I believe @rkruppe’s point above is spot on, nothing is intentionally not a tier 1/2/3 platform in Rust, it essentially just means that no work has been done to promote it just yet. Platform support typically just starts out as a PR for all the initial changes, eventually we then add some builders and CI to keep it building, and then the final step of moving to Tier 1 is a bit hazy as it’s never happened before, but I suspect it’s a case of “we’ll know it when we see it”.
Along those lines most of these platforms in question likely just need a PR to rust-lang/rust-buildbot to add an auto builder to start gating on the platform. Unfortunately this isn’t a trivial task as our buildbot config file is pretty sprawling, but lots of the target-specific configuration has been refactored to be somewhat easily readable. If a platform fits in one of those buckets, then it should be easy to add!
PRs are of course always welcome to rust-buildbot! Unfortunately testing out changes isn’t always the easiest thing so there may be a bit of a delay to pushing it into production for us, but hopefully it won’t take too long. Most of our cross compilation happens in docker images so you can run 90% of the build locally (and I can audit the last 10% hopefully).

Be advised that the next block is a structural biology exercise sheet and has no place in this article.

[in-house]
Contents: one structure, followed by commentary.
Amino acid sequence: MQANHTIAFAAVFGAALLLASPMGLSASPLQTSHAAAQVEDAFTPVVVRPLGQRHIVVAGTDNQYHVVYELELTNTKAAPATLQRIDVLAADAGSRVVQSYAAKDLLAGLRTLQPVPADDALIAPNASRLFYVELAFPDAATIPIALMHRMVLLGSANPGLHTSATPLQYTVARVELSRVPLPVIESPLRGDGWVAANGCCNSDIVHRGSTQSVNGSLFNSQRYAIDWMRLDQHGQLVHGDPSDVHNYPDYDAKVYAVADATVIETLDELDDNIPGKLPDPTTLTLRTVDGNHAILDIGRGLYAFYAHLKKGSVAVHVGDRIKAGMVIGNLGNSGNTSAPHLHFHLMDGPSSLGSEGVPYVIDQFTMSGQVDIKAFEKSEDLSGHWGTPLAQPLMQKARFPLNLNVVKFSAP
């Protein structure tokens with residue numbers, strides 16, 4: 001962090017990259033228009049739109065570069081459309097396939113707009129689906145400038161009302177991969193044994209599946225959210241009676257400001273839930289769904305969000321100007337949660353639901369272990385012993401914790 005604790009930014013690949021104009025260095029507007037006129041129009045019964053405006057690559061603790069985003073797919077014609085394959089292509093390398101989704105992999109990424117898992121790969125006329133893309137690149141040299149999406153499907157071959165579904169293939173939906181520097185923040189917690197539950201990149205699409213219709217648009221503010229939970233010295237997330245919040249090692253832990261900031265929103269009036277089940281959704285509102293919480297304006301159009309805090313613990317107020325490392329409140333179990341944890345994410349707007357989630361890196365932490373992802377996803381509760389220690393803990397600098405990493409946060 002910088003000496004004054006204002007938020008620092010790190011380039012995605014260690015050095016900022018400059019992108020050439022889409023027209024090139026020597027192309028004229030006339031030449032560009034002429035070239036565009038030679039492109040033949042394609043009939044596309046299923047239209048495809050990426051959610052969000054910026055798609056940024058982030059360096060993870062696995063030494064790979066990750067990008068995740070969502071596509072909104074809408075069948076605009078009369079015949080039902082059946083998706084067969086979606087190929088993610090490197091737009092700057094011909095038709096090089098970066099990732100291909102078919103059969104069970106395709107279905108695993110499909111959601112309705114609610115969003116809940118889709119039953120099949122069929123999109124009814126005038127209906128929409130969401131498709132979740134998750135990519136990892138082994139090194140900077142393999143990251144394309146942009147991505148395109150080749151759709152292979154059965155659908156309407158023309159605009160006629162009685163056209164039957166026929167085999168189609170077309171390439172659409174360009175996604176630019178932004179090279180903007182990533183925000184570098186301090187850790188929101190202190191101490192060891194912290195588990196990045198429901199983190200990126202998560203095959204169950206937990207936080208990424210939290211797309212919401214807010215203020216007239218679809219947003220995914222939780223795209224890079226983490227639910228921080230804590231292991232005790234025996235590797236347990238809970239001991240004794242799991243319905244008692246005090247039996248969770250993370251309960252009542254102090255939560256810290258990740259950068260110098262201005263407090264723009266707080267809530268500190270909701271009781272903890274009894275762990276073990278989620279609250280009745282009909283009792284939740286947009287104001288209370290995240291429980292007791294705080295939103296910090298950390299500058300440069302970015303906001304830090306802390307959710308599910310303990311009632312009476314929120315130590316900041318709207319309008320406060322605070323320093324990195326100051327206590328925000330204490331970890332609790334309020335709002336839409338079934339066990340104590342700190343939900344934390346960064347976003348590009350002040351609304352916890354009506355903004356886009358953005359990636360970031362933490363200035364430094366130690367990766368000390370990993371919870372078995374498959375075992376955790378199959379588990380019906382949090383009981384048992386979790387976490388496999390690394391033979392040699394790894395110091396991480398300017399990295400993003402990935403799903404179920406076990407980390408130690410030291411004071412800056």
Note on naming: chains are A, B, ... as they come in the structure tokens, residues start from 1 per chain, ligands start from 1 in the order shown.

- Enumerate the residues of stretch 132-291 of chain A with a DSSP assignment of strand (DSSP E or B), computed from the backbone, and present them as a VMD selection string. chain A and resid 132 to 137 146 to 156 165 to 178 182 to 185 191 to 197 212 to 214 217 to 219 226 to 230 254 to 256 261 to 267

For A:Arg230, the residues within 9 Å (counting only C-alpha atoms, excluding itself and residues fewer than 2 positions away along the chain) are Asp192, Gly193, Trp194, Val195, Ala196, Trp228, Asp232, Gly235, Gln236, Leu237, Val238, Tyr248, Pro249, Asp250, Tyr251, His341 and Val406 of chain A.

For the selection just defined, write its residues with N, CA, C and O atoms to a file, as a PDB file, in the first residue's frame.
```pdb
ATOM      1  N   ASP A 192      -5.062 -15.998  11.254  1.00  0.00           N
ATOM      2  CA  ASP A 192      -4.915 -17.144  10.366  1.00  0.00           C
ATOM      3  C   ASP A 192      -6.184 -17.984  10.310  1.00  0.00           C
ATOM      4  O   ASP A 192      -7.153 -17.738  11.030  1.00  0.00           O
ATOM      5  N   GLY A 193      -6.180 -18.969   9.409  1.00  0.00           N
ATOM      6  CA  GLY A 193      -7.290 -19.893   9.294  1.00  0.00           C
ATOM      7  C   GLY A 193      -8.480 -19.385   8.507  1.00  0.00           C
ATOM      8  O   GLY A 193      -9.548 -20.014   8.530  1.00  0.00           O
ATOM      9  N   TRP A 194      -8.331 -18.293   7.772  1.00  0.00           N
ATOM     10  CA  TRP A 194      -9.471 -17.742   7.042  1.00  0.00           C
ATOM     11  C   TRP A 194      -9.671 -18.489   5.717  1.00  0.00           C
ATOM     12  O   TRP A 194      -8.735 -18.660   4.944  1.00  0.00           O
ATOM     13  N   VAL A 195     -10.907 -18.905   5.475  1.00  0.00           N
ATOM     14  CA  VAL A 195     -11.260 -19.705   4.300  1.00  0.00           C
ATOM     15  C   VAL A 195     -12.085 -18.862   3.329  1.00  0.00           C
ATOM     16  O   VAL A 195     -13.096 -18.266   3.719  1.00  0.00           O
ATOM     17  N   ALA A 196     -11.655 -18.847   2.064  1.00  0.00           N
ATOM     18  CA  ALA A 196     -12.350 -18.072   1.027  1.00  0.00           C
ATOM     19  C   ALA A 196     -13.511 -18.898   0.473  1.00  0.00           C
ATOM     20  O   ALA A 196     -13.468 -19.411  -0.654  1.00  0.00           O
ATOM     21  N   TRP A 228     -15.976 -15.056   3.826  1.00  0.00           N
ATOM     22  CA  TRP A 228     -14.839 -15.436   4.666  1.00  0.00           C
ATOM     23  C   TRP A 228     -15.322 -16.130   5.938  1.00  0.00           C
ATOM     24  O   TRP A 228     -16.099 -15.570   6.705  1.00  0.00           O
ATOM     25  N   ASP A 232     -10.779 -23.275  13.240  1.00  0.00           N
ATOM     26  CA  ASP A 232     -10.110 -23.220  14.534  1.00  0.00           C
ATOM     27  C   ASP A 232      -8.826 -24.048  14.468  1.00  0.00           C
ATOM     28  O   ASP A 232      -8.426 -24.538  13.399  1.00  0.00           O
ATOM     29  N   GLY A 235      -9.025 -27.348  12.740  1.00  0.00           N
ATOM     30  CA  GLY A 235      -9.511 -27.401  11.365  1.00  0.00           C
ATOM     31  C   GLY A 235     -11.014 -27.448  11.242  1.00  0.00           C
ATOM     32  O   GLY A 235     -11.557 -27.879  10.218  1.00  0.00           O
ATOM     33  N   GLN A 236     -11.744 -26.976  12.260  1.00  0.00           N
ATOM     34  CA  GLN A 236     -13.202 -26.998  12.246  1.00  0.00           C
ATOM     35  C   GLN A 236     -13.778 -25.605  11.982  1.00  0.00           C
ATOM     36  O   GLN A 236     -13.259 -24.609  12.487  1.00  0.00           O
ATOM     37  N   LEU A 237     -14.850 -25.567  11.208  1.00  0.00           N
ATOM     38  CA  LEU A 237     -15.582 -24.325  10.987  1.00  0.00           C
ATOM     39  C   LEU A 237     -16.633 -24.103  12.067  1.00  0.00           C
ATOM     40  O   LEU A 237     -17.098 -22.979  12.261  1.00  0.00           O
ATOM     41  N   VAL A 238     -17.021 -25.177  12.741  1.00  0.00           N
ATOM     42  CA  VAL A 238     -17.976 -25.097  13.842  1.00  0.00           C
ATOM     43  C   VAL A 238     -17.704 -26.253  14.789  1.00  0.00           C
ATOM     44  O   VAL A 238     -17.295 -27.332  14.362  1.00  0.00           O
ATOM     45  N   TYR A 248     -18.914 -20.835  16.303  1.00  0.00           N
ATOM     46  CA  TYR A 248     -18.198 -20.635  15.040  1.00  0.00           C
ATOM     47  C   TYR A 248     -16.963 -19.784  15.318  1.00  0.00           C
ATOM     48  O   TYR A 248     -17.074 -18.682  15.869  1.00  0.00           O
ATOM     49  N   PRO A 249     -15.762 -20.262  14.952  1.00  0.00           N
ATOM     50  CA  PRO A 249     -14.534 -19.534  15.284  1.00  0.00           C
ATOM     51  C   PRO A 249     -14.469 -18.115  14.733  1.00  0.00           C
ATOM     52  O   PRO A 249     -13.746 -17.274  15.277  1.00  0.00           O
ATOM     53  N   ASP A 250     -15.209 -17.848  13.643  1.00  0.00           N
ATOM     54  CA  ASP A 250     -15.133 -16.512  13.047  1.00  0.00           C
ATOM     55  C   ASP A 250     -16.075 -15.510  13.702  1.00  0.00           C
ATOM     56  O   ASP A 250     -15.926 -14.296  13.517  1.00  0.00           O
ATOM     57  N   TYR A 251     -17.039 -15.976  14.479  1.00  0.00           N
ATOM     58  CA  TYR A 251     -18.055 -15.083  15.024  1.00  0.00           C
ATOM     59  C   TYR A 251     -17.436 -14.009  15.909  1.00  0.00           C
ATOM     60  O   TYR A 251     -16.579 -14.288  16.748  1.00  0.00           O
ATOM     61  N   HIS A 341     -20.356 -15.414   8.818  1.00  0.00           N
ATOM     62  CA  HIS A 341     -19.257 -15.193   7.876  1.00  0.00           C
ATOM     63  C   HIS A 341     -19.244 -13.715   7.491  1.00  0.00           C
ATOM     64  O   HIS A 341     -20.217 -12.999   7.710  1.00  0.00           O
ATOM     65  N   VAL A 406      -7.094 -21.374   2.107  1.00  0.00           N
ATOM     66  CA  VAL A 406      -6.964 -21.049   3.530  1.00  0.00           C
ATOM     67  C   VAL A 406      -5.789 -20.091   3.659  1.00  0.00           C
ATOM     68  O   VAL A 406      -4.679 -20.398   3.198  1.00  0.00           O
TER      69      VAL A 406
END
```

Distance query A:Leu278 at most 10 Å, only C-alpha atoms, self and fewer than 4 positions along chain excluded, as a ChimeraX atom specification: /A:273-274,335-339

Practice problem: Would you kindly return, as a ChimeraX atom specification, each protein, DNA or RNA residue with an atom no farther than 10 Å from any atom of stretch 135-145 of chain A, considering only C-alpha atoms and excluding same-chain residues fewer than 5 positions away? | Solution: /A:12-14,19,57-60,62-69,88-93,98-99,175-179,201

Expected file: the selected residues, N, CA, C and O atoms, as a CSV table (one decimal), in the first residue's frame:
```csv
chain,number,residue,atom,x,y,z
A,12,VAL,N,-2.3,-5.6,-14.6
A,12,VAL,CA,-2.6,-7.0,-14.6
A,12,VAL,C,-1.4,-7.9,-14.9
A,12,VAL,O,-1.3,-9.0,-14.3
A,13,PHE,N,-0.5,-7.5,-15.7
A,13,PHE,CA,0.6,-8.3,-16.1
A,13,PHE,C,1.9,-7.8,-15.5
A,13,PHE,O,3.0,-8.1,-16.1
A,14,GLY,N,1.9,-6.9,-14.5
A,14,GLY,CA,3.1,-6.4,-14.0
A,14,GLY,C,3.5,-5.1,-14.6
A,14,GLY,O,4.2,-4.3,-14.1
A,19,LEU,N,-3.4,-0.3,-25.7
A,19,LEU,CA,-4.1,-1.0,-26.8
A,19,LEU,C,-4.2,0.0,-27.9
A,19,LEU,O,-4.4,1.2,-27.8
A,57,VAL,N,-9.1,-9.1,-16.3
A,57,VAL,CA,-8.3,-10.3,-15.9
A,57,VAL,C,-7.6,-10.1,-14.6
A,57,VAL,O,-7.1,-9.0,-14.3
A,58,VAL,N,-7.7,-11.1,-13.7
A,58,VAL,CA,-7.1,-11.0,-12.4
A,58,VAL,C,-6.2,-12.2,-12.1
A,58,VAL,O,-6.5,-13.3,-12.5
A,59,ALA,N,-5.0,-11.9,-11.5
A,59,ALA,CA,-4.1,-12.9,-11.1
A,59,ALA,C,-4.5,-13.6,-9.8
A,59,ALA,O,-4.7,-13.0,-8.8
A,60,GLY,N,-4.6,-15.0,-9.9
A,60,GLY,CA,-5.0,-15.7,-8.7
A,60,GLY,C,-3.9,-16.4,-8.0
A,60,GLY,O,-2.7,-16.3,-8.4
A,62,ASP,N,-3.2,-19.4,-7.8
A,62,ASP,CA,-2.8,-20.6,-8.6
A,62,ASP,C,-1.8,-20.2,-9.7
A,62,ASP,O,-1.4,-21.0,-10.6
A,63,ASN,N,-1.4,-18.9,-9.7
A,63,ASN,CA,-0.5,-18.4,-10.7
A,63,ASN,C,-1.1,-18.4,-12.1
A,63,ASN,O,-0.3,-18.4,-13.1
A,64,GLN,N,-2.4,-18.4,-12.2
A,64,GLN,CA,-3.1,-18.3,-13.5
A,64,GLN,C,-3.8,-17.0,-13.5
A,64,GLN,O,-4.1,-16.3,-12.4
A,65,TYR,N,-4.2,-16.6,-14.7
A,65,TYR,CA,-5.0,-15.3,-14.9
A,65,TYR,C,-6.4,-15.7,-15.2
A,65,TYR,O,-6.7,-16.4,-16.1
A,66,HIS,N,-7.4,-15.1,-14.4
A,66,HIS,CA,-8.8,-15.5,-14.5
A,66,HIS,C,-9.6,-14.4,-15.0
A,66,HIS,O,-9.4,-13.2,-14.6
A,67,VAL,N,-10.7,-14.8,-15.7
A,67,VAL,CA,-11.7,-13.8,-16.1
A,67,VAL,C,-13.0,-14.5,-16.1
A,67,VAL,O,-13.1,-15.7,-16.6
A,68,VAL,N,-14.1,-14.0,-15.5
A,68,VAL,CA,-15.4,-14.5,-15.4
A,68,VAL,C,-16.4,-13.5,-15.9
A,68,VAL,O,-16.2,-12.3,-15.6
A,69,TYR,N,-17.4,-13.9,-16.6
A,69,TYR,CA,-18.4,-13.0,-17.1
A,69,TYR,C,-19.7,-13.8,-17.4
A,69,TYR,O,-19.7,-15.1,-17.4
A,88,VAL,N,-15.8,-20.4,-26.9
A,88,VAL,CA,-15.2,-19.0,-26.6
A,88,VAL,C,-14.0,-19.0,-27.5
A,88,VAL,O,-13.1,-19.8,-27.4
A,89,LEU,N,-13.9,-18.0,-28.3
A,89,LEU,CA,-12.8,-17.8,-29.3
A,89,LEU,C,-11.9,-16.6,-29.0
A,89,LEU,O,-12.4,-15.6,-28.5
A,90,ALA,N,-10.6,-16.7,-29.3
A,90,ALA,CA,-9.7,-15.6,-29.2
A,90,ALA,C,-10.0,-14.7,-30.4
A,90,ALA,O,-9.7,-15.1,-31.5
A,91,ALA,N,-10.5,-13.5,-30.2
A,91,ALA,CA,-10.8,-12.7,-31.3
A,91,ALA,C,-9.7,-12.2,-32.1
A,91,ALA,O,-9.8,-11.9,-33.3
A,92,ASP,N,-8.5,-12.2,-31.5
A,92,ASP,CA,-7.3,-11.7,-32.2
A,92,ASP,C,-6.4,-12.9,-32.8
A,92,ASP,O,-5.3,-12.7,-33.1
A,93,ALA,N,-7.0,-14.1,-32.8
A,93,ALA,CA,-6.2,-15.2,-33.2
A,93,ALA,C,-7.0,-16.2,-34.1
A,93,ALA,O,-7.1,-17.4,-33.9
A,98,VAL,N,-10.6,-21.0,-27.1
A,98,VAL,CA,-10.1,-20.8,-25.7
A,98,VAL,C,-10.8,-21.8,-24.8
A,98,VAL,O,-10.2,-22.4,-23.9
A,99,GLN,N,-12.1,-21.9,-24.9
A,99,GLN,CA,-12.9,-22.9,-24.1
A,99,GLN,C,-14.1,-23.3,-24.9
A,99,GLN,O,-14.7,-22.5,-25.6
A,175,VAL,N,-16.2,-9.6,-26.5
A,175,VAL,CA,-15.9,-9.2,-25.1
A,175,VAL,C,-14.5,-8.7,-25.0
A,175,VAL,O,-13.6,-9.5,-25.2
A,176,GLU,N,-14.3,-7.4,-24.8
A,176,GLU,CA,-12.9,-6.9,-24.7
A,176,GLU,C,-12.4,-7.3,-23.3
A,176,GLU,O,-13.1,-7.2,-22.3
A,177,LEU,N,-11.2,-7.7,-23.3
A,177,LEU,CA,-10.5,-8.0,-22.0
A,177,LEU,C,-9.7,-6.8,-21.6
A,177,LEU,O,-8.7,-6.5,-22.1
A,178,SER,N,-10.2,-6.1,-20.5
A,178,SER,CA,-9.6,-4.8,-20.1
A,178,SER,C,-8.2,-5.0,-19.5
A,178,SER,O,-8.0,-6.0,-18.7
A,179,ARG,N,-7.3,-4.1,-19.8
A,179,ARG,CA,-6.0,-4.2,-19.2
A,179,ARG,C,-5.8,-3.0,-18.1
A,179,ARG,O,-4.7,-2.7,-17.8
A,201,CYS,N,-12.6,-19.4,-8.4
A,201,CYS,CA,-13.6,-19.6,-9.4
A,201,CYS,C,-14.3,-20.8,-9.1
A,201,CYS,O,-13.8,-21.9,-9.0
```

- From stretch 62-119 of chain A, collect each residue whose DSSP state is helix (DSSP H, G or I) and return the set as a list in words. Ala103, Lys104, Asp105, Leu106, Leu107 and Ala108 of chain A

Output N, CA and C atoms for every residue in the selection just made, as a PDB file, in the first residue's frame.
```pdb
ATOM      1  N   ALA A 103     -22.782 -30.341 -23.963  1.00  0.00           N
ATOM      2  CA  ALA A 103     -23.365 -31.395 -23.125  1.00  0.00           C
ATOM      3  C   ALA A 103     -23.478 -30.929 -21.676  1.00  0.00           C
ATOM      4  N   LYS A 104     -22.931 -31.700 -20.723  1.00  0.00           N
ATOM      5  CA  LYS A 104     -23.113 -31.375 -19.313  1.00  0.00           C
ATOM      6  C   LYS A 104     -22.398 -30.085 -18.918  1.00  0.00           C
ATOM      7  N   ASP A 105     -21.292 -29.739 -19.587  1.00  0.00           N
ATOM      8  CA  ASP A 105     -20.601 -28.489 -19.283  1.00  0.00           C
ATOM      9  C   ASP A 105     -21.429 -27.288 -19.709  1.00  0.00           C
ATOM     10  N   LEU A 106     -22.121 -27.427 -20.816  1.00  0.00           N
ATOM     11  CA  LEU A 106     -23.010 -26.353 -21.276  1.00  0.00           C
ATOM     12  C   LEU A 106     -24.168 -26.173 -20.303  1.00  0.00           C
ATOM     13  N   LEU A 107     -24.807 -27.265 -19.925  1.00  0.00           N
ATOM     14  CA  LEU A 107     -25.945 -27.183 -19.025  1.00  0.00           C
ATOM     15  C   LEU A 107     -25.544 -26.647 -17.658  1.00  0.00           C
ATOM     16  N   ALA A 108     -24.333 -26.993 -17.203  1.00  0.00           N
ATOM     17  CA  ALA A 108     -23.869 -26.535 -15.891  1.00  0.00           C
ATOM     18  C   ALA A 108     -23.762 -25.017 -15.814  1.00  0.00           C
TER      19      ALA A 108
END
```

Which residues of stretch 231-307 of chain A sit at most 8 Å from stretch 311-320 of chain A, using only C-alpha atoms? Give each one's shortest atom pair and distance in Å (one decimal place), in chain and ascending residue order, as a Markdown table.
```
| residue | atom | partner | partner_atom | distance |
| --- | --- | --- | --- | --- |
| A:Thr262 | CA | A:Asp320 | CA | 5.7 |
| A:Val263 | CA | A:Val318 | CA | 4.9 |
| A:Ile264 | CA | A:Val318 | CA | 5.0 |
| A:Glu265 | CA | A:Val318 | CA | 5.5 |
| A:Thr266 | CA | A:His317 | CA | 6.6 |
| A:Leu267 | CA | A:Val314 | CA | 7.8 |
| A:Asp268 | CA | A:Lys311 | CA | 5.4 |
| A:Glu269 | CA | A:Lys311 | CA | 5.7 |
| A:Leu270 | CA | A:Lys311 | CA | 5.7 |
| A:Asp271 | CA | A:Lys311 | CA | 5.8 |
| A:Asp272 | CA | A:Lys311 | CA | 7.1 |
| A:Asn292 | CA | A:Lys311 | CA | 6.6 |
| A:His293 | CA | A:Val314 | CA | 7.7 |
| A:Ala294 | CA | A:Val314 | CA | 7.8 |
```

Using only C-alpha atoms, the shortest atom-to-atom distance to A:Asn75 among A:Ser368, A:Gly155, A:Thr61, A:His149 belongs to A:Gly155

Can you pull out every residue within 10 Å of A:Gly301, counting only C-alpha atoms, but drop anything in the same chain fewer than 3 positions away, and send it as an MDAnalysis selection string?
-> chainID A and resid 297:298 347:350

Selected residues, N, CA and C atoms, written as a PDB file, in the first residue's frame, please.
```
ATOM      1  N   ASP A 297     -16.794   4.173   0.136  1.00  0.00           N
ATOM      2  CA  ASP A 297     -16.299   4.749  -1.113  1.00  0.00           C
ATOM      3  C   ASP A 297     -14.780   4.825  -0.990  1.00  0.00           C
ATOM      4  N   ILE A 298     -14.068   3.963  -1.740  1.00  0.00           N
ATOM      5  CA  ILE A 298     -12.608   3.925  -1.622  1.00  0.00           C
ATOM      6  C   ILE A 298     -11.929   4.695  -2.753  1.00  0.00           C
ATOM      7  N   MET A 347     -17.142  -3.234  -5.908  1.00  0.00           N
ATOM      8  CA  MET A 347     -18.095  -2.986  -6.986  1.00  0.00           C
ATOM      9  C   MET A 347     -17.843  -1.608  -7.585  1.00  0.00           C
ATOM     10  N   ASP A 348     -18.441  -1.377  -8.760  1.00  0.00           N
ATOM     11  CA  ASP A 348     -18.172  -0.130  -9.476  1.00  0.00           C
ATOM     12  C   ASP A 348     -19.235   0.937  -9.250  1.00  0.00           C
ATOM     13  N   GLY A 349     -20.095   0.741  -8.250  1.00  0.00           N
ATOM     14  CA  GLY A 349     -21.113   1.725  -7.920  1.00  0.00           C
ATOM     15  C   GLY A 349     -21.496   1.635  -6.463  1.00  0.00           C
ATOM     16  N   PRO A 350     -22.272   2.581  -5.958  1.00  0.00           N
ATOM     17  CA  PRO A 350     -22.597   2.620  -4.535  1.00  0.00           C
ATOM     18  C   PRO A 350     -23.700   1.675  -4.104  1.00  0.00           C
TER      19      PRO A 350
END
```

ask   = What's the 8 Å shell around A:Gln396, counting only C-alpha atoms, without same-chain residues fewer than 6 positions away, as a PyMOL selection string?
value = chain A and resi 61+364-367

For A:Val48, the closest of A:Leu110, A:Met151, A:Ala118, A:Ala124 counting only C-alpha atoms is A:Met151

To address some specific points brought up about a few platforms in this thread:
As @lambda’s PR shows this is essentially almost a tier 2 platform. My hesitation here is simply that we have no CI preventing us from accidentally requiring a Windows 7+ API. We’ll likely always have a similar story about how the standard library is somewhat hamstrung on XP, but this seems suitable for simply being XP’s tier 2 platform story.
The tl;dr; is basically that we need a bot that compiles hello world on XP and ensures there are no link errors.
This, and all other iOS targets, should already have nightlies!
We’ll probably also want to ensure that the NDK is the right (read, “oldest”) version, but that’s also easy to verify later.